Maduro’s missteps sour U.S.-Venezuela relations, threaten Barbados Accord – AMI

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Shikema Dey
Experienced Journalist with a demonstrated history of working in the media production industry and a keen interest in oil and gas, energy, public infrastructure, agriculture, social issues, development and the environment.

Juan González, the National Security Council’s senior director for the Western Hemisphere, is set to resign in mid-March 2024, signaling a potential shift in U.S. policy towards Venezuela. González’s departure comes amidst growing disillusionment with Venezuelan President Nicolás Maduro’s leadership, as detailed in a scathing analysis by Americas Market Intelligence (AMI).

AMI’s “Good, Bad & Ugly” report for 2024 categorizes Venezuela under the ‘Ugly’ section, highlighting the failed promise of a deal between the two nations that had eased sanctions on the Bolivarian Republic. Initially hailed as a potential boon for Venezuela, the agreement would have seen the country gain US$500 million in monthly profits from legal oil exports to the U.S., a stark contrast to the heavy discounts incurred through black market sales. Moreover, the deal held the promise of easing sanctions on corrupt Venezuelan officials and restoring the reputations of senior Caracas figures whose assets remain trapped in the United States.

“Maduro has squandered any and all goodwill afforded him by the Americans. He has proven equally naïve in his assessment of the willpower of the Biden administration to reverse its sanctions lifting, thinking that cheaper gas prices and an election year of distractions would outweigh the need to hold Venezuela to its end of the bargain,” AMI’s report outlined.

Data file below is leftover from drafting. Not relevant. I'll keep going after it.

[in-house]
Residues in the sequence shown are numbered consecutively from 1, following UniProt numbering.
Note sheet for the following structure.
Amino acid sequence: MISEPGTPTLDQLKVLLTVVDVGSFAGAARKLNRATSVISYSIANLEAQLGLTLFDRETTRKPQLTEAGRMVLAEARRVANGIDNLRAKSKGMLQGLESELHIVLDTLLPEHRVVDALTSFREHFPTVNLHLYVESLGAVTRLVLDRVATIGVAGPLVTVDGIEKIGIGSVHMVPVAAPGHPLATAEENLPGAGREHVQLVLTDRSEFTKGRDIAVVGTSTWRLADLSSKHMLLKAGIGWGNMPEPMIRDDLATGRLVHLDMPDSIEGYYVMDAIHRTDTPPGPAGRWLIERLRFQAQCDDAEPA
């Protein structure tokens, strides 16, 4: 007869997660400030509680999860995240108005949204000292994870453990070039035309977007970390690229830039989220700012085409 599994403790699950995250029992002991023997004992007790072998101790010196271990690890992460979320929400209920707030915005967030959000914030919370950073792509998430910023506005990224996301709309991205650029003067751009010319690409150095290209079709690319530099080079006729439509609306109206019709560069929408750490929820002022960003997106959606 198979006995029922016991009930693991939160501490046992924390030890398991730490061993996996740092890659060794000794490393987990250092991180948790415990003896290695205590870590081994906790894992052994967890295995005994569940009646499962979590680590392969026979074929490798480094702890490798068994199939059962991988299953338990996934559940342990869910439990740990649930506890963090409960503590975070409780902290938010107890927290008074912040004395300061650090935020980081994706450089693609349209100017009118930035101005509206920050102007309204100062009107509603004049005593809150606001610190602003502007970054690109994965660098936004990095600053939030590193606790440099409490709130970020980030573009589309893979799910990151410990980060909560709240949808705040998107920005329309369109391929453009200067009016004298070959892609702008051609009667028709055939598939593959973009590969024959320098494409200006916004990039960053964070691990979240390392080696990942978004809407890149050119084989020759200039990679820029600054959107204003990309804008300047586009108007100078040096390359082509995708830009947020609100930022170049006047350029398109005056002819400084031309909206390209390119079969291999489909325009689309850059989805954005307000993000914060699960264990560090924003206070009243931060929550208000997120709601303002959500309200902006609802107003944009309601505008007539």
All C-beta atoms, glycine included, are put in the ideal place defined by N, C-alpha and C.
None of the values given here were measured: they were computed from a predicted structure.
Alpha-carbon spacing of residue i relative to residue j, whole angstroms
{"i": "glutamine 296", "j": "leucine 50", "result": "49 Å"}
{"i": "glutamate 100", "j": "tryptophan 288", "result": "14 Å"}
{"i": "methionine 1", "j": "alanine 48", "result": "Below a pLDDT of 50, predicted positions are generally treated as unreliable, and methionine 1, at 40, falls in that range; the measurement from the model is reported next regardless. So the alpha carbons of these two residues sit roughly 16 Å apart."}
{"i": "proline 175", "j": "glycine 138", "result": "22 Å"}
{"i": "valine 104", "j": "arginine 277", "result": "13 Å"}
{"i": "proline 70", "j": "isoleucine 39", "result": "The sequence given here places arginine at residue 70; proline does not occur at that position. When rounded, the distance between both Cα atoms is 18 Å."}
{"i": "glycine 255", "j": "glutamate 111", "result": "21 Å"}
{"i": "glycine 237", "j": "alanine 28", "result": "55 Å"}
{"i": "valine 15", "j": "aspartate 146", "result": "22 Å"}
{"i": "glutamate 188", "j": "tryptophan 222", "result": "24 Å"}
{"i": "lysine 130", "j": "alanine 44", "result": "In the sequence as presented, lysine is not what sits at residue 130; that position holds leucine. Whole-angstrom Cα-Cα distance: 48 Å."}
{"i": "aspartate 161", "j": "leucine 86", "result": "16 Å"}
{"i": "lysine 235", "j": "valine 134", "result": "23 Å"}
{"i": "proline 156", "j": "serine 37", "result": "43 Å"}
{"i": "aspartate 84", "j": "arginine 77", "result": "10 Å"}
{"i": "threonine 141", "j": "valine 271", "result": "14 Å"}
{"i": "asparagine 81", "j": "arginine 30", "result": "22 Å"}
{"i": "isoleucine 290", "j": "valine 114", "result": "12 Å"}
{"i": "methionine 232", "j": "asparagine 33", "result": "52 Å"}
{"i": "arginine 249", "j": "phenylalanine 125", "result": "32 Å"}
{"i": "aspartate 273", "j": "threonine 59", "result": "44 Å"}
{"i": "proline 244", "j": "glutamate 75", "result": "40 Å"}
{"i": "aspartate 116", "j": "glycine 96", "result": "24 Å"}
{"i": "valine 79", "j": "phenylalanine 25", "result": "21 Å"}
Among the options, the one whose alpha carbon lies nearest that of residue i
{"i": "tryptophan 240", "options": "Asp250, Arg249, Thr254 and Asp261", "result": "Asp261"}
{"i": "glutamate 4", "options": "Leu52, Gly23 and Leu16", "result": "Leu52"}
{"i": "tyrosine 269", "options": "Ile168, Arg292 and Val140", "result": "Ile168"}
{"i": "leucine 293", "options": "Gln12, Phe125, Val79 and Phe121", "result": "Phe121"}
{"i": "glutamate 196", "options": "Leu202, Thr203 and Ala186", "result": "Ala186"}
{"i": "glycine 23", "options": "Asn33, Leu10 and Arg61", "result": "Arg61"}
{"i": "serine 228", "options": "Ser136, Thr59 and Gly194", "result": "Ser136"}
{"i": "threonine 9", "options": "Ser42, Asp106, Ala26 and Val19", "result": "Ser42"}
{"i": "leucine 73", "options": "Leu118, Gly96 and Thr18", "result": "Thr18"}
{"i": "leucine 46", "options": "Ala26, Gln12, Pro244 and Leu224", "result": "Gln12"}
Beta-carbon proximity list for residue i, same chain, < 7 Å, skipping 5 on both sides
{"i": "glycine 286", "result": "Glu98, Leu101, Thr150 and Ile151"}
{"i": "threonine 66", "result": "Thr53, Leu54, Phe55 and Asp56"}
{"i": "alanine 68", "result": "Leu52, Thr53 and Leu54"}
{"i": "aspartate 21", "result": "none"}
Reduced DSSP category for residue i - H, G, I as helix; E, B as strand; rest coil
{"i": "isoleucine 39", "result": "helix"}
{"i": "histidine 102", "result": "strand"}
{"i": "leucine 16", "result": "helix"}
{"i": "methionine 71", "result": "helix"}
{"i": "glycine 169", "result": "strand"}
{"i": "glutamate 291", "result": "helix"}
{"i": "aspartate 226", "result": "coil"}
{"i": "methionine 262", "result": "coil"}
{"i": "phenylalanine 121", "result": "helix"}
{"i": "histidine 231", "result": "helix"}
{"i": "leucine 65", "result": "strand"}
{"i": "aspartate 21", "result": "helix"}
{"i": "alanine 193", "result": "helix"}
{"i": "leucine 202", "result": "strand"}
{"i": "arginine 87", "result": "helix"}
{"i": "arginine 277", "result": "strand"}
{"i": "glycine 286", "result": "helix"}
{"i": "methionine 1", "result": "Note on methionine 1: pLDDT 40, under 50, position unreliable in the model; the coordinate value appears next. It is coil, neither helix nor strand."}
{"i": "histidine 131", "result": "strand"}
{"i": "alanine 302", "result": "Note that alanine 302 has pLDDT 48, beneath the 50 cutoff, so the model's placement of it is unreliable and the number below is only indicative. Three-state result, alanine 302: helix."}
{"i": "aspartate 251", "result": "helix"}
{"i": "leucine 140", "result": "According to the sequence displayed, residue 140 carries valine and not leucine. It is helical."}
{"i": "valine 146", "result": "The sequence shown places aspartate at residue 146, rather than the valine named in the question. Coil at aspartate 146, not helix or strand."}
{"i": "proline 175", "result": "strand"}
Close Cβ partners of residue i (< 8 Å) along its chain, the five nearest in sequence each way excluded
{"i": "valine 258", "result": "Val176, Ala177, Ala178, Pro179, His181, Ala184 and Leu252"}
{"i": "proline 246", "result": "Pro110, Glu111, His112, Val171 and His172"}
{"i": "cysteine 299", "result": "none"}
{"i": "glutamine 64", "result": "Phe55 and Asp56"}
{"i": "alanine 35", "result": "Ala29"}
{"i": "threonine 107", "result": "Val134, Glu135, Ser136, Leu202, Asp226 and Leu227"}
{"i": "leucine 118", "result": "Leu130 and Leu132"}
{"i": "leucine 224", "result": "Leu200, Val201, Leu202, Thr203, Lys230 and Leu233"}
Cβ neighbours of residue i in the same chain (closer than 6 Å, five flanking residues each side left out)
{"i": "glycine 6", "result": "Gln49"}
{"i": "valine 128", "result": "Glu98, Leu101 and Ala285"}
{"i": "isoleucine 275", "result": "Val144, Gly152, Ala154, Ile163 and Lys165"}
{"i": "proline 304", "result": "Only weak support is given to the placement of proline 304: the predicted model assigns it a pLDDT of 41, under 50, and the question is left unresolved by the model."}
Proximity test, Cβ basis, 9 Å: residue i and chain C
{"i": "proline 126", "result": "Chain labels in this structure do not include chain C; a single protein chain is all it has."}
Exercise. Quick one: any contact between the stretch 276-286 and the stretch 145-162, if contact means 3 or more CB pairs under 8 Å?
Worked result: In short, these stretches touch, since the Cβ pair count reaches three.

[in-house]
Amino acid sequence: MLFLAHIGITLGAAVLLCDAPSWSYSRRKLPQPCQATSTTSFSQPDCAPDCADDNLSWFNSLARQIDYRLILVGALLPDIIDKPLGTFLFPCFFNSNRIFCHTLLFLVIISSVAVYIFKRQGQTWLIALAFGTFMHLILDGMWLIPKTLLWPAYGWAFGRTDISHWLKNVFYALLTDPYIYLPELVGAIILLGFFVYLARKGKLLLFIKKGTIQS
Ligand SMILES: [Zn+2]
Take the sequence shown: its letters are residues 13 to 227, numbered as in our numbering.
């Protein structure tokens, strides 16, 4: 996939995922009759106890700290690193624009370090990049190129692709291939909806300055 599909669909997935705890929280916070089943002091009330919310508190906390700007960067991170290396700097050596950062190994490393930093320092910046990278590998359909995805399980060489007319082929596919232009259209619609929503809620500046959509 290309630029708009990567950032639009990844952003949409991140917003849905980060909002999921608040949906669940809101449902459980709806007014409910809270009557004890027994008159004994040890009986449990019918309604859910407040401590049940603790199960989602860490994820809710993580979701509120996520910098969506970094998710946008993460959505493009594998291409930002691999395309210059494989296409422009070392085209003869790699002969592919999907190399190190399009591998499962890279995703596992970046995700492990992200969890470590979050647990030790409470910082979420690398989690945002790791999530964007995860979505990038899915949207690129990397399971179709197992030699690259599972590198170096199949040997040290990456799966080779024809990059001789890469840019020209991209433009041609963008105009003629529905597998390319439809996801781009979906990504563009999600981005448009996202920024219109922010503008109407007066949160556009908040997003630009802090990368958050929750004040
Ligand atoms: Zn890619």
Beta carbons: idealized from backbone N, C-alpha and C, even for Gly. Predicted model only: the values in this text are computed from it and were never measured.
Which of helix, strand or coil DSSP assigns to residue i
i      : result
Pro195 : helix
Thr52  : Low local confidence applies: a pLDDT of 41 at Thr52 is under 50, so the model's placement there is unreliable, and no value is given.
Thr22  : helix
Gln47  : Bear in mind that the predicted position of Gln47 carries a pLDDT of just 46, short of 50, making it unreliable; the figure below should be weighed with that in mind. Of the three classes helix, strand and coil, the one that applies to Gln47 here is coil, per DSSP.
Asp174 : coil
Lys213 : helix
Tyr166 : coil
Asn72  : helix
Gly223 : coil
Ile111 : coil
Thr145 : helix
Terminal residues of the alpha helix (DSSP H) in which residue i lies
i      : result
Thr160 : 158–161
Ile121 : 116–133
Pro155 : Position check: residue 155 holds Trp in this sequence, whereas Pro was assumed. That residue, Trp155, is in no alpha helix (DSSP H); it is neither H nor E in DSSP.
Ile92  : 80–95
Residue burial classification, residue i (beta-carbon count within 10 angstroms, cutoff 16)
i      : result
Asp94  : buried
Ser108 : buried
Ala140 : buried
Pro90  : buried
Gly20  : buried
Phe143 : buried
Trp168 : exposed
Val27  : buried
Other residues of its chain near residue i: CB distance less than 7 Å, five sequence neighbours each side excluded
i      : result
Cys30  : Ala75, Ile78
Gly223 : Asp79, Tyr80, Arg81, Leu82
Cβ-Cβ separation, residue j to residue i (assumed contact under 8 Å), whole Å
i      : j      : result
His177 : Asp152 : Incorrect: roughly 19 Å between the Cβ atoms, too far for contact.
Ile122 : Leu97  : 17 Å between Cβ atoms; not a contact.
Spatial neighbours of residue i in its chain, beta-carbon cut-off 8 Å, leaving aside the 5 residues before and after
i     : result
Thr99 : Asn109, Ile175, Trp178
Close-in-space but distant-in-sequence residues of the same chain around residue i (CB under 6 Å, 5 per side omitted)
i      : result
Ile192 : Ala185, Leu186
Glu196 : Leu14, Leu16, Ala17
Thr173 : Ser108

However, Maduro’s mismanagement and miscalculations have dashed any hopes of reconciliation with the U.S. According to AMI, Maduro’s misguided belief in the Biden administration’s willingness to overlook his administration’s transgressions, coupled with an underestimation of the political sway of Venezuelan diaspora voters in key states like Florida, has led to a souring of relations.

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The report underscores the political significance of Venezuela in the context of U.S. elections, particularly in swing states like Florida. While many Venezuelan refugees in the U.S. cannot vote, their plight resonates deeply with other diaspora voters who fled autocratic regimes in nations like Cuba, El Salvador, and Nicaragua, as well as those affected by civil conflicts like Colombia and Peru. The failure to grasp this political reality contributed to Biden’s loss in Florida in 2020, an error that may now prompt a reevaluation of U.S. policy towards Maduro’s regime.

As González prepares to depart, analysts speculate that the Biden administration may abandon the controversial Barbados Accord, signaling a potential shift away from diplomatic overtures towards Venezuela under Maduro’s leadership.

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The Barbados Accord outlined requirements for free and fair elections in the South American country. The hope was for a democratic process with Maduro having an opponent for the presidency. In return, the U.S. eased sanctions on Venezuela’s oil and gold sectors, helping Caracas begin to pull itself out of a years-long economic slump. But Maduro did not keep his word. Venezuela’s High Court upheld a June 2023 ban on opposition presidential candidates, including leading contender Maria Corina Machado. Machado won the U.S.-backed opposition primary in October 2023. Her support for U.S. sanctions against Maduro and his administration was said to have irked him. And on Jan. 31, the U.S. reimposed sanctions on Venezuela. 

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